Novartis Drops Eye Disease Gene Therapy from $800M Gyroscope Acquisition

Novartis_iStock, Michael Derrer Fuchs

Pictured: Novartis campus in Switzerland/iStock, Michael Derrer Fuchs

Novartis is discontinuing the development of GT005, a mid-stage investigational gene therapy being developed for geographic atrophy secondary to dry age-related macular degeneration.

The announcement was made Monday by Syncona Investment Management Limited, founder and former majority investor in Gyroscope Therapeutics, which originally developed GT005. Novartis acquired Gyroscope in December 2021 for $800 million upfront with the potential of up to $700 million in milestone payments.

“We are naturally disappointed for patients following the decision to discontinue GT005, but we respect Novartis’ decision,” Syncona CEO Chris Hollowood said in a statement, adding that the firm will continue to build and maintain its portfolio of companies to drive strong value for its shareholders and “make a difference to the lives of patients with devastating diseases.”

According to Syncona’s announcement, Novartis made the cut after an Independent Data Monitoring Committee reviewed available data from the lead Phase II HORIZON study and deemed that GT005’s performance “did not support continuation of the development program.”

As a result of GT005’s discontinuation, Syncona will write off approximately $62 million in milestone payments from Gyroscope that it would have received as part of the 2021 acquisition agreement.

Novartis’ decision to discontinue the development of GT005 in geographic atrophy (GA), an advanced form of age-related macular degeneration, comes two weeks after it similarly dropped the Xoma-partnered anti-TGFβ antibody NIS793. The candidate was being assessed as a potential first-line therapy for pancreatic ductal carcinoma, for which Novartis was running a Phase III trial that combined NIS793 with gemcitabine and nab-paclitaxel.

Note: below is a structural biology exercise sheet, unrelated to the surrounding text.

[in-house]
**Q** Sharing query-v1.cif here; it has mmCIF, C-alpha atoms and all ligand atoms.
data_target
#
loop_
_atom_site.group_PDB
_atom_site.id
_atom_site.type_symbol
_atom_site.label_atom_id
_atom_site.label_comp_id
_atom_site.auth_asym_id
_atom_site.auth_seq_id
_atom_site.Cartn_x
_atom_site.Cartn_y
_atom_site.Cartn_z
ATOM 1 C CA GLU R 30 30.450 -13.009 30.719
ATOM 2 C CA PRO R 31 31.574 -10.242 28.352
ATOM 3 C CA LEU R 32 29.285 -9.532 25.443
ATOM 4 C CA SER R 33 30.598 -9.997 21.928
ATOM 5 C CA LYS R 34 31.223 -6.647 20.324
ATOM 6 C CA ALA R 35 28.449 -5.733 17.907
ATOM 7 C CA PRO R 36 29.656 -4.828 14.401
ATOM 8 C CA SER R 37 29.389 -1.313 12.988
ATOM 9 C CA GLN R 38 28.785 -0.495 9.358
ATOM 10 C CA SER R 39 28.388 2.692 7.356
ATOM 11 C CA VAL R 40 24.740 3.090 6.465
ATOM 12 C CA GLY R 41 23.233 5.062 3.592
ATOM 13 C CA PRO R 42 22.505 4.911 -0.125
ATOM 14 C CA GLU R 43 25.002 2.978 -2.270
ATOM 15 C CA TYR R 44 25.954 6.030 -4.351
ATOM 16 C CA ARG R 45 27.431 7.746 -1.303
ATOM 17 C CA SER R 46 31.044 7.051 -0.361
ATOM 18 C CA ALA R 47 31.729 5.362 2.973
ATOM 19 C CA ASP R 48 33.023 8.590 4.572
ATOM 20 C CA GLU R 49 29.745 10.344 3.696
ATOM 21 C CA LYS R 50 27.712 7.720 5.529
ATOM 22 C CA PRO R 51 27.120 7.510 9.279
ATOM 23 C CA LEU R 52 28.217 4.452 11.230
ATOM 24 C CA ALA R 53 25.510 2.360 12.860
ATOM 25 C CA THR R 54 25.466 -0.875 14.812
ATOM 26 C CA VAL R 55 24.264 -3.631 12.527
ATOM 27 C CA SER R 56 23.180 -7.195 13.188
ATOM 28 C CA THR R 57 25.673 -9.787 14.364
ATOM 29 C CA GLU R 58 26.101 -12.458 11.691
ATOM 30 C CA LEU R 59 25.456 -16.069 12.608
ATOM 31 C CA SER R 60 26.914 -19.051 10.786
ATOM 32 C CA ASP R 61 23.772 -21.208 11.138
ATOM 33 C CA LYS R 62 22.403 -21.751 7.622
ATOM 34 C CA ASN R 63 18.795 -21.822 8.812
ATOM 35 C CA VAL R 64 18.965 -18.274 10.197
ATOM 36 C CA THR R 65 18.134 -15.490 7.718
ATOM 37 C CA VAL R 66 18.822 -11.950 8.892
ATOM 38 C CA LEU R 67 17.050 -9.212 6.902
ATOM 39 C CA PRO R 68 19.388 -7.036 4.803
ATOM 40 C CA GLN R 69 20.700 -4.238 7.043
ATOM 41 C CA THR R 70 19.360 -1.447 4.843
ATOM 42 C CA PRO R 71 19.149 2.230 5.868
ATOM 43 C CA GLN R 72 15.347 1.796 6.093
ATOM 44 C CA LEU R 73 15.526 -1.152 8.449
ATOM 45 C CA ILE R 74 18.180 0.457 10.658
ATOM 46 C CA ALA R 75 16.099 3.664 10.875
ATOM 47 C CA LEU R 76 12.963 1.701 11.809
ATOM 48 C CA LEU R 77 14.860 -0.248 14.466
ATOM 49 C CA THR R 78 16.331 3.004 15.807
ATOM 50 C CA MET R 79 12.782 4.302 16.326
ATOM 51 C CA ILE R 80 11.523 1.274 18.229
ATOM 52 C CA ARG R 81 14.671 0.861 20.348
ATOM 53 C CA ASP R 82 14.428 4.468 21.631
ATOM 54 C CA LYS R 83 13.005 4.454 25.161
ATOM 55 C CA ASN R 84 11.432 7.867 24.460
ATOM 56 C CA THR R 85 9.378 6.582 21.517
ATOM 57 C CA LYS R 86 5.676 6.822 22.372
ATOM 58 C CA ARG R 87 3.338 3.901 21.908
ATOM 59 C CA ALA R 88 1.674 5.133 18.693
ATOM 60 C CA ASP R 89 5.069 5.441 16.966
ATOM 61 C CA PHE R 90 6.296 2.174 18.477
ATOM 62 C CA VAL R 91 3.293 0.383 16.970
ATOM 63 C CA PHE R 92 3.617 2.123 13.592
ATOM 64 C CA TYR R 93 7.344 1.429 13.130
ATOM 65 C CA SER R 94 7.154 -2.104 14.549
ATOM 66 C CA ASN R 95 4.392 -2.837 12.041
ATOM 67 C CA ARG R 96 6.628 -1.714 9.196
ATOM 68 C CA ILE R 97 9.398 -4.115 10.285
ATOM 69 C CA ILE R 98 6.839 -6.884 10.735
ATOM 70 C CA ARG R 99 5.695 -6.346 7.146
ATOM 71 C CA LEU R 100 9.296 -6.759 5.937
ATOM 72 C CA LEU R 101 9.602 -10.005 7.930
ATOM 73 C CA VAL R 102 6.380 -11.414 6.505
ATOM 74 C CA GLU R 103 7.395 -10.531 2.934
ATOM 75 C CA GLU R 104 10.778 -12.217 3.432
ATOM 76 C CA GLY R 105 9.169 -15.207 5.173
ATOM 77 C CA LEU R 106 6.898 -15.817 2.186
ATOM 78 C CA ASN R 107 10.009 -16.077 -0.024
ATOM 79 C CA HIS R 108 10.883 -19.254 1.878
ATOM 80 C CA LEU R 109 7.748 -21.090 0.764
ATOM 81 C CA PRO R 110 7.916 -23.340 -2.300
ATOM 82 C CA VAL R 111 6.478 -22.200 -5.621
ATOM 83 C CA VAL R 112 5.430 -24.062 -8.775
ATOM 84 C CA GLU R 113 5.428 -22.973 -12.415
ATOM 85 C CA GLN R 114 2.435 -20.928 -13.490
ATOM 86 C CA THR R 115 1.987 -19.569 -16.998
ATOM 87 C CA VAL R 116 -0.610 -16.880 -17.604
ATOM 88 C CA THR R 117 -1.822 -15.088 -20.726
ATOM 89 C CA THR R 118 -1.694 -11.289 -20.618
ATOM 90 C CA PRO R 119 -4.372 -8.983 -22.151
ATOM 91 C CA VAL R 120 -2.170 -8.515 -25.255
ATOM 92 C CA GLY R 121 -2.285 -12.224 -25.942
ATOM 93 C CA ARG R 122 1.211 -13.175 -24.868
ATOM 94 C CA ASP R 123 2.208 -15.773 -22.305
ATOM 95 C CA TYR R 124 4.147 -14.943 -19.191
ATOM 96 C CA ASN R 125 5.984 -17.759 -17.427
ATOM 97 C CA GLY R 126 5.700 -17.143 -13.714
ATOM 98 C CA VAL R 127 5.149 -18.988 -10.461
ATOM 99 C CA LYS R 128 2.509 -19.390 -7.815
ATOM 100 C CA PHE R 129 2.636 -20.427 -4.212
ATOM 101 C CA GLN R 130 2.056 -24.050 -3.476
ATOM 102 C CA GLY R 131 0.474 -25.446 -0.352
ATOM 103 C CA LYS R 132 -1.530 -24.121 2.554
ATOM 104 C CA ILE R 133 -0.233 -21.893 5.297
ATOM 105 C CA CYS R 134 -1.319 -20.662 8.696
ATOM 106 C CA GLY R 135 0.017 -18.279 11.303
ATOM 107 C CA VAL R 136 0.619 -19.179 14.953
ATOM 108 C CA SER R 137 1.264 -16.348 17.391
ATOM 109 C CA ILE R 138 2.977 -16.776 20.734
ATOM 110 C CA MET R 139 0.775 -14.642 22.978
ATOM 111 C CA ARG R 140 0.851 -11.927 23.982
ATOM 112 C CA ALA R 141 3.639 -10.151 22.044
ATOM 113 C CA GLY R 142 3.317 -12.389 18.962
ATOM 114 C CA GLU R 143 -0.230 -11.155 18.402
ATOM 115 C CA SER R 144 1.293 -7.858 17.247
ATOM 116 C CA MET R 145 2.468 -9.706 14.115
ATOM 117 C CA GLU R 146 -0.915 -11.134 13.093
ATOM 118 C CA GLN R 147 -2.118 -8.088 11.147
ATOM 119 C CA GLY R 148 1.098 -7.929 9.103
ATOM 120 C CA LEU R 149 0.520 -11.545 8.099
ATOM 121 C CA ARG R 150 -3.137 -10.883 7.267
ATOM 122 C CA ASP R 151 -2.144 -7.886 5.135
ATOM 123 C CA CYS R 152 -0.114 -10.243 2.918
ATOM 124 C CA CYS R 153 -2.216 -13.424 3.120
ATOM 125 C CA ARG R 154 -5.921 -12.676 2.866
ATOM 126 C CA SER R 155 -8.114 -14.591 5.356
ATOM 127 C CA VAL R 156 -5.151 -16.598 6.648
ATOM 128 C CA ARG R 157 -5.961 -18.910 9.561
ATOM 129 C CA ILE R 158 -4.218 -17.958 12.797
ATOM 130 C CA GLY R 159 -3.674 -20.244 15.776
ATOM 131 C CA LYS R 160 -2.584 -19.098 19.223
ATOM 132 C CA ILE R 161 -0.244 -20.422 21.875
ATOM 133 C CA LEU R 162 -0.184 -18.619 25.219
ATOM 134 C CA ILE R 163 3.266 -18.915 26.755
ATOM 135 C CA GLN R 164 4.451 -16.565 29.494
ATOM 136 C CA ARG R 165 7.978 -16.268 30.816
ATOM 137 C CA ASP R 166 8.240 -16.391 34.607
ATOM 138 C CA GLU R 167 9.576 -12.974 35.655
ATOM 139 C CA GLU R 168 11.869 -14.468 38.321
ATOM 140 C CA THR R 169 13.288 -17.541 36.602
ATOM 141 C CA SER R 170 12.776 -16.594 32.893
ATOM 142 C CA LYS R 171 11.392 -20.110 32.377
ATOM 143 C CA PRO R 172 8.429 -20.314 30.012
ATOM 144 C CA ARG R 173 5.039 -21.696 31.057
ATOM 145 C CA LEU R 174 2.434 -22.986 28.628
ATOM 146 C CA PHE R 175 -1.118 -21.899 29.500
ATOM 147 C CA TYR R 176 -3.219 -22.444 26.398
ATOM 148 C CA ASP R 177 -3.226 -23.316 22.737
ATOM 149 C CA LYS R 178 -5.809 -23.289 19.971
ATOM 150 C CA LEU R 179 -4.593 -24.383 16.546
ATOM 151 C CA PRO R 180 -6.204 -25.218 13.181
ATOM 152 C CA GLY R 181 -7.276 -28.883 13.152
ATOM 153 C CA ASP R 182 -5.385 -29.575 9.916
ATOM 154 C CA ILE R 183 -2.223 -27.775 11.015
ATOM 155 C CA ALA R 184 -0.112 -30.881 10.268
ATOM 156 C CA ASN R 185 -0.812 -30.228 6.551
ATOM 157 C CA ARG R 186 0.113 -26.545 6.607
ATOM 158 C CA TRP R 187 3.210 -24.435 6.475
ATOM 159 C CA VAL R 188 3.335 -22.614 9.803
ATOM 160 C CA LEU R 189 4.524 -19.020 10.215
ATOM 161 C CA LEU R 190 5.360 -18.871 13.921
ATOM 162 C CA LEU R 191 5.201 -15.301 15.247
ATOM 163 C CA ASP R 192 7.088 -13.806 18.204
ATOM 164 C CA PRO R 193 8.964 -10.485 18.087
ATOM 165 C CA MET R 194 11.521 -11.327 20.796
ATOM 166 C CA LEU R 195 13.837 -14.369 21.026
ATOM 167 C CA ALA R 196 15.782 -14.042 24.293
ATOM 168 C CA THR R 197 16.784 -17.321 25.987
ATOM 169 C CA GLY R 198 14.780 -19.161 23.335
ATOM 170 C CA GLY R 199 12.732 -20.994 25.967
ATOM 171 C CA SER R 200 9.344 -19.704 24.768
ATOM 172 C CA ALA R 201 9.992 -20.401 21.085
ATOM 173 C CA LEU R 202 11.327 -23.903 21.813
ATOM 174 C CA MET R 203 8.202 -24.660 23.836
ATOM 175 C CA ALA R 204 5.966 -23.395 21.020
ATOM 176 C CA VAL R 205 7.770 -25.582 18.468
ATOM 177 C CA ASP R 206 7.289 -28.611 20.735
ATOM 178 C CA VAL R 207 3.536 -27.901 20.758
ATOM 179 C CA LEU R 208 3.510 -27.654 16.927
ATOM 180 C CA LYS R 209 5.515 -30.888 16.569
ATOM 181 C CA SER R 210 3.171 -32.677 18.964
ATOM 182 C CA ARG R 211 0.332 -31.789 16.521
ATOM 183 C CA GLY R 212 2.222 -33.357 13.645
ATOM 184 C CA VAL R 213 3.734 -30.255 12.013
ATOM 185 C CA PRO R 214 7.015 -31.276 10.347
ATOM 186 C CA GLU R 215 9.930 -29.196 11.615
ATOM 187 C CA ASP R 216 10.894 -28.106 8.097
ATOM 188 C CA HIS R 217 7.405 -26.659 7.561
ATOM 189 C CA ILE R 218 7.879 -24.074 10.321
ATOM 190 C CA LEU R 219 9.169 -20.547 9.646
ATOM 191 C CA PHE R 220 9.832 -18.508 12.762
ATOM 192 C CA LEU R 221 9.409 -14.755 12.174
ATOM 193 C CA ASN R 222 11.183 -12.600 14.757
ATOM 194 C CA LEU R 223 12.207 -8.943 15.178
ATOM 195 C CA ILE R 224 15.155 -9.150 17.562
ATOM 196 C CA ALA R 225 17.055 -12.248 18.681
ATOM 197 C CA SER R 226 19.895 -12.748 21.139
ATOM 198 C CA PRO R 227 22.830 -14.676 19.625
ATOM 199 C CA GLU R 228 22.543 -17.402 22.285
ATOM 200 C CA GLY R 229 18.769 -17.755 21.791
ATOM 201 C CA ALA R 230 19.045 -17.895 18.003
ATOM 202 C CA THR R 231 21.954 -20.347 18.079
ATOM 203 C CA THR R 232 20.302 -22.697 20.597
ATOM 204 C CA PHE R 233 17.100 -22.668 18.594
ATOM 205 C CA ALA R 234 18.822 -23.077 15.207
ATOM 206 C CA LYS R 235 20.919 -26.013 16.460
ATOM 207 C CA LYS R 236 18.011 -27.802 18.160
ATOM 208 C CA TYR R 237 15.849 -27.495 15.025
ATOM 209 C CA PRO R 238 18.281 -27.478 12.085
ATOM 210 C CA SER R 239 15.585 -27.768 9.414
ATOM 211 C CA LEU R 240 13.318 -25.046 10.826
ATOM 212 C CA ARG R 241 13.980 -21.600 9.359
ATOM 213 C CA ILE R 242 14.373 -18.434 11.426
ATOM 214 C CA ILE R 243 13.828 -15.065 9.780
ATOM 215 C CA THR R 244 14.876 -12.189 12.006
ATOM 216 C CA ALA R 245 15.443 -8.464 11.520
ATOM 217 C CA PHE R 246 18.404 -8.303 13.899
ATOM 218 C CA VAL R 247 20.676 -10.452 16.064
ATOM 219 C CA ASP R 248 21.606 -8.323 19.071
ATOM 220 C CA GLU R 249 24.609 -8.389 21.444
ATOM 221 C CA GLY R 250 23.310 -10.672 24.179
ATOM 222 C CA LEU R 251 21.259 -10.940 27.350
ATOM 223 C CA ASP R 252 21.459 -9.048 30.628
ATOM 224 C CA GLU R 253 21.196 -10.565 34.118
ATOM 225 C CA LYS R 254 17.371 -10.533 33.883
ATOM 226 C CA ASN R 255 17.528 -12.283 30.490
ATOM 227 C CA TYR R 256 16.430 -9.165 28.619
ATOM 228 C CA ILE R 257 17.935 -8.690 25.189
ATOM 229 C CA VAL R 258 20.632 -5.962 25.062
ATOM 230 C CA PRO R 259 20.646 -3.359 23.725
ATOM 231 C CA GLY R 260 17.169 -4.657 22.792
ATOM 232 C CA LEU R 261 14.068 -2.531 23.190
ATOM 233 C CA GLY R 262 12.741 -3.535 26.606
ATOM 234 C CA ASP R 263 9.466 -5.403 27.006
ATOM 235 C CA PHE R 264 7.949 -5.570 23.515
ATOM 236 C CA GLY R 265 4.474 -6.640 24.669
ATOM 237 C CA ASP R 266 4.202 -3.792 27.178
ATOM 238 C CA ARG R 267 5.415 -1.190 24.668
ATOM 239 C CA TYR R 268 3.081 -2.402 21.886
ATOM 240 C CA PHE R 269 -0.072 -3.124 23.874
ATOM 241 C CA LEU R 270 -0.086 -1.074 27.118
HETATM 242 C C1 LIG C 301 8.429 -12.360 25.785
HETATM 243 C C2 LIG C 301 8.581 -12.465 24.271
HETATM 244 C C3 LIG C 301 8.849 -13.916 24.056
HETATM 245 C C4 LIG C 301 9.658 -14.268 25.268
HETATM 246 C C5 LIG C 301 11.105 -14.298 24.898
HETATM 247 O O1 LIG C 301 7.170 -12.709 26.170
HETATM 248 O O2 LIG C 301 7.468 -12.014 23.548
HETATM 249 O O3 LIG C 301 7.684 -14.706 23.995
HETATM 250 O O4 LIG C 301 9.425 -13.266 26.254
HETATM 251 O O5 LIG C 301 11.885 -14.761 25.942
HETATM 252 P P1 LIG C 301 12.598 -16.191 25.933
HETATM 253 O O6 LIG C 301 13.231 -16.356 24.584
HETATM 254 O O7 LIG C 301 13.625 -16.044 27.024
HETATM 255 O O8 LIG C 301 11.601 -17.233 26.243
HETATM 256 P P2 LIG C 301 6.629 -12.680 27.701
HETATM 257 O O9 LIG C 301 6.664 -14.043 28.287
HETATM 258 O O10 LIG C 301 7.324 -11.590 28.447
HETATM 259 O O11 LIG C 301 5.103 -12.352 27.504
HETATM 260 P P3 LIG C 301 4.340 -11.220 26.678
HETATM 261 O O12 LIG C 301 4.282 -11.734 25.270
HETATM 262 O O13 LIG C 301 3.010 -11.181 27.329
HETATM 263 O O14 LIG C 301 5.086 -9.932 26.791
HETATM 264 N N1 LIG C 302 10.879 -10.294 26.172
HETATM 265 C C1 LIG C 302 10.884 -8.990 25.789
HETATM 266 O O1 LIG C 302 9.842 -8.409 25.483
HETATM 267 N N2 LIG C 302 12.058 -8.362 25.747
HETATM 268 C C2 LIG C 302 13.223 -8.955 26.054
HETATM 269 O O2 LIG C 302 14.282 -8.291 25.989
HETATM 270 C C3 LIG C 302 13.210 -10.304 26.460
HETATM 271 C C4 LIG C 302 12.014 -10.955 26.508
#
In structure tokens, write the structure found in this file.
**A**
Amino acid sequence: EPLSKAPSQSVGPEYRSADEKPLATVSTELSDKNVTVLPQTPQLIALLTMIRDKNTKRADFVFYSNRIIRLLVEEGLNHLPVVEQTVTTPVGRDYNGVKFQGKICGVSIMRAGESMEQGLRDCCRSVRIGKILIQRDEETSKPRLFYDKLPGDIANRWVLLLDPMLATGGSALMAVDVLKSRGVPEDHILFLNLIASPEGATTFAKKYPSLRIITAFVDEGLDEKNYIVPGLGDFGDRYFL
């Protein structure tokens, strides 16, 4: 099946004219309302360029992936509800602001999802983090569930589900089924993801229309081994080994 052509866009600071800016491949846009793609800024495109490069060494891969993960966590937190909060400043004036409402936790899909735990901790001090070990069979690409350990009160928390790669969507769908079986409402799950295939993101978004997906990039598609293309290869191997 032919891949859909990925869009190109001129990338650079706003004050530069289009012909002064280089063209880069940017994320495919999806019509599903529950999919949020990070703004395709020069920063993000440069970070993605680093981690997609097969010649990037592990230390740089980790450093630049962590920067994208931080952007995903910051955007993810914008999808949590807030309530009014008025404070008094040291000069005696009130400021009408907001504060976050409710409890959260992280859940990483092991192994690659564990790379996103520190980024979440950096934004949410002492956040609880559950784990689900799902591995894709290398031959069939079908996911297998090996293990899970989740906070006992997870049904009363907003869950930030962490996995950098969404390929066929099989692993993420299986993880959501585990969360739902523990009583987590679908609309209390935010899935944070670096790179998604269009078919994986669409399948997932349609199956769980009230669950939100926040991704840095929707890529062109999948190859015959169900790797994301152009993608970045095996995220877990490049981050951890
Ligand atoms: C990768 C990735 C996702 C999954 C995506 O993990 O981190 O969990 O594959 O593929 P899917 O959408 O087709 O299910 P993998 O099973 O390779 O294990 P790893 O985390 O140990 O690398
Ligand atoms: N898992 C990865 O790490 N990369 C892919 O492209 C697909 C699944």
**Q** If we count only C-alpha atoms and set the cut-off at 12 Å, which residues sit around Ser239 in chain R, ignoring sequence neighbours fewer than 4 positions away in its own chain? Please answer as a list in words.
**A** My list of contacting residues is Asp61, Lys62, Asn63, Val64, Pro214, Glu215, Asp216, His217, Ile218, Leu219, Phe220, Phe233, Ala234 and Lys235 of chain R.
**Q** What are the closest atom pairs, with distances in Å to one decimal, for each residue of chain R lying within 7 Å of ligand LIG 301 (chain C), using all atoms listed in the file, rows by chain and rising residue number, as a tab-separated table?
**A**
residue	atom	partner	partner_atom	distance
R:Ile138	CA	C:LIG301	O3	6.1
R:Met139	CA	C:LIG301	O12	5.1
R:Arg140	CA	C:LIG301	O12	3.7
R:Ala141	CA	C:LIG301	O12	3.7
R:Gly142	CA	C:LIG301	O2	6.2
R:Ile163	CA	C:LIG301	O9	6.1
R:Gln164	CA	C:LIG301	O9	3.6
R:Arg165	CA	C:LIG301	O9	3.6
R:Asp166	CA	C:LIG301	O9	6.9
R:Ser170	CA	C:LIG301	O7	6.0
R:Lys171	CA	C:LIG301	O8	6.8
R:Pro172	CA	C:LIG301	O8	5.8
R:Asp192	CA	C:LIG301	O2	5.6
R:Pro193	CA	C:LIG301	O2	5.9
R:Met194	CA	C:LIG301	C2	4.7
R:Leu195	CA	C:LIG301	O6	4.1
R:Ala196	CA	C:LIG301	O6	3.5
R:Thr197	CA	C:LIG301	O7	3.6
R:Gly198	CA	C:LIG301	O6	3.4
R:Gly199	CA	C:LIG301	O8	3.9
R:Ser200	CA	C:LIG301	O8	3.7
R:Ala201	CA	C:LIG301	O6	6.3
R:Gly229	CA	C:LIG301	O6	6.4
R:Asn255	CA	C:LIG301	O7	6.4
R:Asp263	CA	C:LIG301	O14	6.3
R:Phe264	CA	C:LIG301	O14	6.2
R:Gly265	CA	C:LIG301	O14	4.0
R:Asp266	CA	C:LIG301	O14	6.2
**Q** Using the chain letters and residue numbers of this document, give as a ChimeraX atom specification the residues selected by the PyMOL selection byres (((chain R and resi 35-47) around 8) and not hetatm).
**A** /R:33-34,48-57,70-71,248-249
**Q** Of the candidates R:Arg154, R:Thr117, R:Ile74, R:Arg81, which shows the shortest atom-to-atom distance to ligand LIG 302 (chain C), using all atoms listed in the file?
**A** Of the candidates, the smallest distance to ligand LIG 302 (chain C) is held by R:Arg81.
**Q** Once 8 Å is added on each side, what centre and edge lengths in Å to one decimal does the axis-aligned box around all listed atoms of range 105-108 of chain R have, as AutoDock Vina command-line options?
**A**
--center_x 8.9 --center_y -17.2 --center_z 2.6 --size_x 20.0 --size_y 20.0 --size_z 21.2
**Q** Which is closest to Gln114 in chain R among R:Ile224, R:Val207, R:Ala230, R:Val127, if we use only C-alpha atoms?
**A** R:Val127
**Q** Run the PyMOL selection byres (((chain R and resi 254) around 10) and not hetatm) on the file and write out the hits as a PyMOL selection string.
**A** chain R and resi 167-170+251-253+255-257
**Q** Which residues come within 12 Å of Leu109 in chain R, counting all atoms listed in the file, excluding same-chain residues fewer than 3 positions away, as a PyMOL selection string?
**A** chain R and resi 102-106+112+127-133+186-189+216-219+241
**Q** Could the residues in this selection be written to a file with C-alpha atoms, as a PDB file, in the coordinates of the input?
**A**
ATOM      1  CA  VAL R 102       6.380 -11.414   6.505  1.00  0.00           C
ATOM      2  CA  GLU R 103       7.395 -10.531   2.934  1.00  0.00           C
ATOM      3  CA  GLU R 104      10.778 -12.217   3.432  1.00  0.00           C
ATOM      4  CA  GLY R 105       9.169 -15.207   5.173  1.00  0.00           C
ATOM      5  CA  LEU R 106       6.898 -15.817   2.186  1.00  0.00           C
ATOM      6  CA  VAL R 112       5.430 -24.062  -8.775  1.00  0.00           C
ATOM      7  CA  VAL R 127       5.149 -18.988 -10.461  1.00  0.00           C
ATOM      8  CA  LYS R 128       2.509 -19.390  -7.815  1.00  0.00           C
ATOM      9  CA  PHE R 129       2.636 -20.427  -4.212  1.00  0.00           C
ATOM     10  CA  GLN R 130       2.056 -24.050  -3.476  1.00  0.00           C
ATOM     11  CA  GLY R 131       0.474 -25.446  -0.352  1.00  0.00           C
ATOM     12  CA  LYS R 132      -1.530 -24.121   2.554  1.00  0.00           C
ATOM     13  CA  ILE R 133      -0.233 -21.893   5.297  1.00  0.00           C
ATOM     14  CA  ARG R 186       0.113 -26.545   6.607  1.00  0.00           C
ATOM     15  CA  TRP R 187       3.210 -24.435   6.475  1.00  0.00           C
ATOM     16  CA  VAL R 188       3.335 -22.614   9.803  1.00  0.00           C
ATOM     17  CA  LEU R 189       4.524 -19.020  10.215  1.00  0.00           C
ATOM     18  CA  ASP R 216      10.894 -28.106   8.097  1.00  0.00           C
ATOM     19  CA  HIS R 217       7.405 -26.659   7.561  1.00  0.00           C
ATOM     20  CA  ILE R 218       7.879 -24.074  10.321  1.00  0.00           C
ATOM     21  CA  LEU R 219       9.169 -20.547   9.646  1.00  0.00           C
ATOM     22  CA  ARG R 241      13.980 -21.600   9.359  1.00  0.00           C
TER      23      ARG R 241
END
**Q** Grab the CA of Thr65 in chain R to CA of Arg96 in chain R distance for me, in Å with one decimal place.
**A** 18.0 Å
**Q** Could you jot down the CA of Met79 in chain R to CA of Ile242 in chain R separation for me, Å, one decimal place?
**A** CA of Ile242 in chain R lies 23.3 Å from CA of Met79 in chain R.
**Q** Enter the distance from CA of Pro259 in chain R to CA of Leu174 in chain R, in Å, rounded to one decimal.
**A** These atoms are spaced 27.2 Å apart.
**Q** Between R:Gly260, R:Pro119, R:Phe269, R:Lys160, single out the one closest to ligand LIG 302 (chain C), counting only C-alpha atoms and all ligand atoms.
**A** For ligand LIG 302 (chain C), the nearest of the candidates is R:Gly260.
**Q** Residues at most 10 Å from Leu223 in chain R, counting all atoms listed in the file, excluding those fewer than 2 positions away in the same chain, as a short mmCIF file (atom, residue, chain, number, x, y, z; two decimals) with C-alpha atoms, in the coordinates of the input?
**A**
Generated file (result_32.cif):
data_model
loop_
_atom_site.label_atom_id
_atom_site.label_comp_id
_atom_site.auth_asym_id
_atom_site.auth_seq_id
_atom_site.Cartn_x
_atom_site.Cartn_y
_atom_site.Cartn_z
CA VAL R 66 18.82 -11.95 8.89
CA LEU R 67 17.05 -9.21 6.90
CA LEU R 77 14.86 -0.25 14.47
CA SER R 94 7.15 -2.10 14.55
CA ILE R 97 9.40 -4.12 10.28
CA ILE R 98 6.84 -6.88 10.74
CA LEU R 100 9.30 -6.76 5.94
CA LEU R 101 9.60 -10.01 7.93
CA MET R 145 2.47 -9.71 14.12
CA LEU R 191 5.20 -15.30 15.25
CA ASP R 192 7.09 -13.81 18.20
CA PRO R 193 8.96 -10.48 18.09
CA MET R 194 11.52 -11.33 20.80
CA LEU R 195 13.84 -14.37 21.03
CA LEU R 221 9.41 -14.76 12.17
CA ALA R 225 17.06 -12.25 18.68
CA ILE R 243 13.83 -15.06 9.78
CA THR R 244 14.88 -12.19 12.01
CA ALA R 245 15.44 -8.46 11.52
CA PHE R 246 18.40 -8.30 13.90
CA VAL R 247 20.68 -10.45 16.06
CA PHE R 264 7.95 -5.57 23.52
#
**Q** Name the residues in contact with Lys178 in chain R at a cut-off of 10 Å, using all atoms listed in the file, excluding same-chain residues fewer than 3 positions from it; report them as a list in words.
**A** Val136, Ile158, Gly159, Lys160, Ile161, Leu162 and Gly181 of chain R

Though enrollment into all active clinical trials of NIS793 have stopped, Novartis will still collect data from these studies once they have concluded. Xoma will regain rights to NIS793, which will remain an investigational compound.

A month earlier, in July 2023, disappointing clinical data also caused Novartis to divest two other assets. The first was an anti-TIGIT checkpoint inhibitor being developed with BeiGene for non-small cell lung cancer. A week later, Novartis also abandoned the investigational obesity drug MBL949 after “lack of efficacy” in a Phase II trial.

MBL949 works via the GFD-15 pathway, which Novartis CEO Vas Narasimhan had previously touted as a “unique mechanism of action.”

In June 2023, Novartis also sold its dry eye disease drug Xiidra (lifitegrast ophthalmic solution) to Bauch + Lomb for $1.75 billion upfront, along with up to $750 million in potential milestones. Xiidra is the first FDA-approved prescription drug for dry eye disease and made $487 million in earnings in 2022.

Tristan Manalac is an independent science writer based in Metro Manila, Philippines. He can be reached at or

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